Kaitlin Ugolik is an award-winning journalist based in Brooklyn. She writes and edits stories about the law, health, finance, technology and the media.

Fixing the media's "false balance"

Just a quick post today, to draw your attention to an interesting decision made recently by the BBC: no more televised "debates" with "crank" scientists (climate deniers, anti-evolutionists, etc.), and no more inserting "false balance" into stories. And they actually have a plan; they're sending journalists to classes to help them un-learn outdated "impartiality" guidelines.

This idea of false balance is something I've thought about a lot, especially with regard to how non-journalists view it. There seems to be this pervasive idea that every story not only has two sides, but that those sides are equal.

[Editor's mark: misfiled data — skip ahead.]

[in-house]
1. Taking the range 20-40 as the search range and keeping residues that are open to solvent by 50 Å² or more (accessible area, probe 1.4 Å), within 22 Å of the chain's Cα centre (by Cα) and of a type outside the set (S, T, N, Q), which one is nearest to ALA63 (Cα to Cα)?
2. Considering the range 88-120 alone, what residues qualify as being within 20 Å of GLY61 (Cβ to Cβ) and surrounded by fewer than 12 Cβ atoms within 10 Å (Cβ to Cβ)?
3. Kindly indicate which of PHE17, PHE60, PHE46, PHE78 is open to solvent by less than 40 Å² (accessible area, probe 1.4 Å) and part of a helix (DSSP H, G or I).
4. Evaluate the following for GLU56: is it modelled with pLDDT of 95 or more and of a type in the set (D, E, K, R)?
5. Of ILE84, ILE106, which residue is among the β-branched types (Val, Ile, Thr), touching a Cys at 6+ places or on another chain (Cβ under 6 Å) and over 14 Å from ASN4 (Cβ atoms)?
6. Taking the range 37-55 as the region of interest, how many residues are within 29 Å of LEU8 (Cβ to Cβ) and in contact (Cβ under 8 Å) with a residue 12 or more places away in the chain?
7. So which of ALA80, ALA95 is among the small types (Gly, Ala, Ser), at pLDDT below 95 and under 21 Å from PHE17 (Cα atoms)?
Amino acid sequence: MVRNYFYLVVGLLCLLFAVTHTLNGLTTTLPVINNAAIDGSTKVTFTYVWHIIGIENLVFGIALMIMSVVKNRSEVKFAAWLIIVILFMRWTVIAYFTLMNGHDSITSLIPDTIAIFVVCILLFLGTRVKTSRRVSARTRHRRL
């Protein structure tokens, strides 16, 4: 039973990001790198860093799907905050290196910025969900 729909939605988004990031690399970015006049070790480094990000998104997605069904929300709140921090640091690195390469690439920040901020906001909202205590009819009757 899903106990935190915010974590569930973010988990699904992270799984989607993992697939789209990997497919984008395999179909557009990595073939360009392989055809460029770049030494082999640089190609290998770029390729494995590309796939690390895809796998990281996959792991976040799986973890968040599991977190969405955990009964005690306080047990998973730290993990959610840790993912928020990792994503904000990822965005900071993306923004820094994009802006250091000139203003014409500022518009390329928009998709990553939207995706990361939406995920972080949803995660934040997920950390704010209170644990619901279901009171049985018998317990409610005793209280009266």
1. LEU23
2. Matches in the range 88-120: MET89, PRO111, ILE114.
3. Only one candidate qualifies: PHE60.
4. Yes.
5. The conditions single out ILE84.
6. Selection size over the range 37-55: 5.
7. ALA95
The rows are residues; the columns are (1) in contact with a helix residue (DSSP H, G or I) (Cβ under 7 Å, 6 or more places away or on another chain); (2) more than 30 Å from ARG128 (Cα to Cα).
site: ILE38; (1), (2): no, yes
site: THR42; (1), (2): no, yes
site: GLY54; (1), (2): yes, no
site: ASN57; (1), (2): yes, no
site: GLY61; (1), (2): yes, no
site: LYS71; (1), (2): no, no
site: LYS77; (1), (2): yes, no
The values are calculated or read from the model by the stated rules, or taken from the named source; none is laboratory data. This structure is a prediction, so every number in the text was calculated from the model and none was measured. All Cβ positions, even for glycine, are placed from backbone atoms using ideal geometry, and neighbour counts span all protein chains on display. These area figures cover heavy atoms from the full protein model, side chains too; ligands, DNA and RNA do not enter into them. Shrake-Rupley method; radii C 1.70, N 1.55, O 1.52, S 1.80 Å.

Sometimes this is true, of course, but for some reason (24 hour news cycle? Need for clickbait? Personal entitlement/discomfort with one's opinion being questioned?) every issue is now expected to be presented as point and counterpoint.

What is a reader/listener/viewer expected to take away from that? Unfortunately, the answer seems to be "validation," which is not, I don't think, what we should be aiming for in journalism - especially not science journalism.

It will be interesting to see the response to the BBC's decision, and whether other organizations follow suit.

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